Melanoma skin cancer is the most dangerous of all skin cancers. It develops in damaged DNA and mutates into rapidly forming tumors. If melanoma is recognized and treated, then the chances of spreading can be avoided. When the symptoms are found and treated then it is usually curable. The skin that has been burnt in the past by sun will be transformed into cancer cells after many years. 90% of the melanoma is a result of increased exposure to ultra violet rays.
Melanoma skin cancer arises from a specific cell type, melanocytes, in the skin. Melanocytes are the cells that give color to our skin; therefore, these cancers typically arise as pigmented (colored) lesions. Early staged melanoma is often referred to as "melanoma in situ" or "lentigomaligna".
Melanoma can occur in the melanocytes anywhere throughout the body. The skin that has not been exposed to sun can also develop melanoma if the family members have a history of cancer or due to environmental factors. Melanoma is easy to detect because it is often seen in the skin which makes detection earlier easier. The symptoms are usually a change on the skin that has a new spot. A sore that bleeds and doesn’t heal or a change in the size, shape of the mole should warrant a biopsy. It is important to note that all moles don’t turn into melanoma.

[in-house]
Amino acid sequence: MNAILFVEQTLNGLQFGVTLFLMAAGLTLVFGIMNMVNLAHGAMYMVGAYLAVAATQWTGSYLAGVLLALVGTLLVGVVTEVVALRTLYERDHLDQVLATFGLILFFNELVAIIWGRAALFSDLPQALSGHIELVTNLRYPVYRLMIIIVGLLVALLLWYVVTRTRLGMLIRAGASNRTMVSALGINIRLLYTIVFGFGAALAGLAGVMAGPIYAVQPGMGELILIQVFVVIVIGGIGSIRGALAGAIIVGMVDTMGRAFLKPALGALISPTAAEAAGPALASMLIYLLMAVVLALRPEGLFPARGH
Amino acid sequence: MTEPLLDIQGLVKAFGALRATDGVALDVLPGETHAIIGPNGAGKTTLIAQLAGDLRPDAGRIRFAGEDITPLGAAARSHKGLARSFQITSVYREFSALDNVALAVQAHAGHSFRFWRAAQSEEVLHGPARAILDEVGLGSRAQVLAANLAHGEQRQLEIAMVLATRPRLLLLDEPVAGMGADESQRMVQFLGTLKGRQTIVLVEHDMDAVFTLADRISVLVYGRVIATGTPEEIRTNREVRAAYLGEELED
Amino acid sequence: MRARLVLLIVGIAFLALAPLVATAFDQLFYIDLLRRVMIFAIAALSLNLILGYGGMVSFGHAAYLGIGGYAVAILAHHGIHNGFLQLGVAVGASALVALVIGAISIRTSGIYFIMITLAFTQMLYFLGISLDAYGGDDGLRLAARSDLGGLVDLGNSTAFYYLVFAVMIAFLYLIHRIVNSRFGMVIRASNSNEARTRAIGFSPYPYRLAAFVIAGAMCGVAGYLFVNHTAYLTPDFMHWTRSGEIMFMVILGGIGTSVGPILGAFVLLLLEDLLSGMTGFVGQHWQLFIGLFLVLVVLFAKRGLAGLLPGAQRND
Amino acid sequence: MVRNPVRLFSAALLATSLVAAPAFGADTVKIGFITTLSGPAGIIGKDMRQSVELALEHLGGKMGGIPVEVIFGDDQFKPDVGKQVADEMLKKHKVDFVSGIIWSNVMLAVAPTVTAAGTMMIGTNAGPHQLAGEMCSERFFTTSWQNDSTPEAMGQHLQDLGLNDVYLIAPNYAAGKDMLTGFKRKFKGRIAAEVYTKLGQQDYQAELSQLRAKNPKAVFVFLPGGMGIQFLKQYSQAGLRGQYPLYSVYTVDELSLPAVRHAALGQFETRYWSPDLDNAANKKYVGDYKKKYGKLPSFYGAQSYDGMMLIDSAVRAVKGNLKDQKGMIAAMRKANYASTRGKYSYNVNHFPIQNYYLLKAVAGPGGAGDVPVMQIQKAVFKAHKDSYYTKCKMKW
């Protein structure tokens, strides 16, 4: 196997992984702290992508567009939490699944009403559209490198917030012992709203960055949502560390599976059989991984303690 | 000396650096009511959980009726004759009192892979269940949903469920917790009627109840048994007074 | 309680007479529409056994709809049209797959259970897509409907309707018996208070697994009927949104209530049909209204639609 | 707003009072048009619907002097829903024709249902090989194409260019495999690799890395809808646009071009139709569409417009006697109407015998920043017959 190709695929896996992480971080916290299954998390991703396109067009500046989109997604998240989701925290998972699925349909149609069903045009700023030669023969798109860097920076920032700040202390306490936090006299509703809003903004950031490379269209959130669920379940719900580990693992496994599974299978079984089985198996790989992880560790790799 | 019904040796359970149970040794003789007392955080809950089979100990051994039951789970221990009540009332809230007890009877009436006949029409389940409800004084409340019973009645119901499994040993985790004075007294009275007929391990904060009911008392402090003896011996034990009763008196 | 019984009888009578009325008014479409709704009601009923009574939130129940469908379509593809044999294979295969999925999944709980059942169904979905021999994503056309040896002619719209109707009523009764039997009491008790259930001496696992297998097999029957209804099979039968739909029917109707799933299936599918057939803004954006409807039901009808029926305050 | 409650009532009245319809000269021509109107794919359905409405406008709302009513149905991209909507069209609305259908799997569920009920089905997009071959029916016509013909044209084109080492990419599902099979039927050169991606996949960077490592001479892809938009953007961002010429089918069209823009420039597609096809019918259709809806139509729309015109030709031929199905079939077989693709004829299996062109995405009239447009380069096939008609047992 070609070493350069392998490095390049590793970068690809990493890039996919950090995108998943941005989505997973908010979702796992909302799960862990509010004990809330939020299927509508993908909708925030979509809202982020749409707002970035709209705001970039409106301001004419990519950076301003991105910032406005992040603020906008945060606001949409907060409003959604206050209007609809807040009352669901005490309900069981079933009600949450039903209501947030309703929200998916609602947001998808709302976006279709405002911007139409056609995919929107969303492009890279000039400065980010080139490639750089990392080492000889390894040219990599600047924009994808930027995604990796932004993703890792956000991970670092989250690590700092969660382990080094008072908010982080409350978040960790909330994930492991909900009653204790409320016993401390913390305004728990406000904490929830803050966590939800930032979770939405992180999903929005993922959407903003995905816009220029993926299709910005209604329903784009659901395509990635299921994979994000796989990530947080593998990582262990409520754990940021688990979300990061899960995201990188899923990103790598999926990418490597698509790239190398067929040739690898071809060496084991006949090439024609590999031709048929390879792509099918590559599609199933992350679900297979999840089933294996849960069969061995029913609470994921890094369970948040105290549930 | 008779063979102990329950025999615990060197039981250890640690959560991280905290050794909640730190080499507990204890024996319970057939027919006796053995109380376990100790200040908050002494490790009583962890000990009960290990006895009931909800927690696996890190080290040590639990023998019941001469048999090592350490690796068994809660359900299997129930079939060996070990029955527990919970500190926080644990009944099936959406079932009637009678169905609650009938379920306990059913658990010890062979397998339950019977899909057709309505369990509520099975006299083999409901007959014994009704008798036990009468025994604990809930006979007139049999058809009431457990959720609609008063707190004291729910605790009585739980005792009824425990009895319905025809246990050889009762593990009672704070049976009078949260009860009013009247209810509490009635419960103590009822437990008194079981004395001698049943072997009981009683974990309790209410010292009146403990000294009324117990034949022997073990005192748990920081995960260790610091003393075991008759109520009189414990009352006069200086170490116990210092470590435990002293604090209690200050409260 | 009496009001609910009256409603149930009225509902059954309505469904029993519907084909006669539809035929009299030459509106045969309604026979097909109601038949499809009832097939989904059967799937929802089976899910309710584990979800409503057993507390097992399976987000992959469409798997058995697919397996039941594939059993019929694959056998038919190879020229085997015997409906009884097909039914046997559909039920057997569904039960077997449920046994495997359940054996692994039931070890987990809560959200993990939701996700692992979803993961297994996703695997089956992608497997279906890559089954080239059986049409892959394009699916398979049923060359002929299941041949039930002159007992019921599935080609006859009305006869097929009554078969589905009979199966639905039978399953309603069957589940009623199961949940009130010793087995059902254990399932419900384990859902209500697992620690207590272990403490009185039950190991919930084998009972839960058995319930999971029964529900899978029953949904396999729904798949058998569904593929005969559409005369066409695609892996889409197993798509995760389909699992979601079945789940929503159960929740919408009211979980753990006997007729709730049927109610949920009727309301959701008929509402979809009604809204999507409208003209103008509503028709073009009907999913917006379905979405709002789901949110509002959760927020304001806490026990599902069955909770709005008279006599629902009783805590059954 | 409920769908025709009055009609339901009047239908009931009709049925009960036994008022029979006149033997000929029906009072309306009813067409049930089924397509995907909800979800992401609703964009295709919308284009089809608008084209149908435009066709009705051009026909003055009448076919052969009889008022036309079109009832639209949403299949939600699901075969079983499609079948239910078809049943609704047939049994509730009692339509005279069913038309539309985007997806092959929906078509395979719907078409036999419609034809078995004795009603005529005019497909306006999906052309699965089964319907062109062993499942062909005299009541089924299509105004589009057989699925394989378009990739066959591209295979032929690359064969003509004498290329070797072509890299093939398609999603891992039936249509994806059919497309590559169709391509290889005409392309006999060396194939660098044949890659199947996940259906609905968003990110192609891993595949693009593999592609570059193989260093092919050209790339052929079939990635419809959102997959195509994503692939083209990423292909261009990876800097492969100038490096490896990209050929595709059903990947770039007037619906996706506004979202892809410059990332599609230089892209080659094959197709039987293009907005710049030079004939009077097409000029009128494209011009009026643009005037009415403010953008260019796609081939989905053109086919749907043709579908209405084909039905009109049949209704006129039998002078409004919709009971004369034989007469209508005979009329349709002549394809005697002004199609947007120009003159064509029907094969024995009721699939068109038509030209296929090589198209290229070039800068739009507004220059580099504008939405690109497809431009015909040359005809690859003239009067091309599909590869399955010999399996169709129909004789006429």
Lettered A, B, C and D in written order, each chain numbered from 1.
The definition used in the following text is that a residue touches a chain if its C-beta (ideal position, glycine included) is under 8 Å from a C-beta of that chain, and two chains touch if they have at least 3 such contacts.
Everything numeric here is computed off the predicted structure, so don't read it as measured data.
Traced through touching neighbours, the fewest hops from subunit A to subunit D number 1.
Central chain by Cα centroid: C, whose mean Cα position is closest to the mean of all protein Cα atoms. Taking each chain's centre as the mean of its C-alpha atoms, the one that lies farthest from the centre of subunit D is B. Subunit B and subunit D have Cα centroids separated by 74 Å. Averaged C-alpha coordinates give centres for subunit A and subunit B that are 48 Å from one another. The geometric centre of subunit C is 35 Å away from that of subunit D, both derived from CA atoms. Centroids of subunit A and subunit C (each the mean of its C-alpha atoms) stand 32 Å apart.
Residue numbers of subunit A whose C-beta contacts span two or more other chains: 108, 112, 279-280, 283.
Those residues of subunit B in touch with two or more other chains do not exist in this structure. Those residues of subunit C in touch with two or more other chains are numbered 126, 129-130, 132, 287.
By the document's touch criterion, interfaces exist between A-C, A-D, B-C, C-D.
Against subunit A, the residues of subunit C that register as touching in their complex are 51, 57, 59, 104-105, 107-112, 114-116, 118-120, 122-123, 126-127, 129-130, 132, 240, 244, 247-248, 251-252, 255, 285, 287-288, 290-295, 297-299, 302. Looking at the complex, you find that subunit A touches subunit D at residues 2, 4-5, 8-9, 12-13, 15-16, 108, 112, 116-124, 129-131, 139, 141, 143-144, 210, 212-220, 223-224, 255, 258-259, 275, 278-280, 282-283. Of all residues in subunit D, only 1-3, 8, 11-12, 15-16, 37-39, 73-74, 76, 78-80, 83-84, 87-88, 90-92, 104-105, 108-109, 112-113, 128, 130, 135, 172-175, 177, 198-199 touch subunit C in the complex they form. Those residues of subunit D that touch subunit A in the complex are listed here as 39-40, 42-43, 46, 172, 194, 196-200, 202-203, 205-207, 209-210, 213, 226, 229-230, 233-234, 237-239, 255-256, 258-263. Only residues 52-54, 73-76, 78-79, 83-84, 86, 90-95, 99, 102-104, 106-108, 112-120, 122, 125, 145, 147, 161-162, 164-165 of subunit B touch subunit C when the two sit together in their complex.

When I first published The 7 Critical Questions to Ask Before Letting Any Surgeon Touch You, I had no idea that it would be so popularly received. Since its publication, this brief guide has helped thousands like you to more safely navigate the world of cosmetic surgery. The 7 Questions have been updated and a bonus section, Applying the 7 Questions, has just been added. Be my guest to read, learn and share.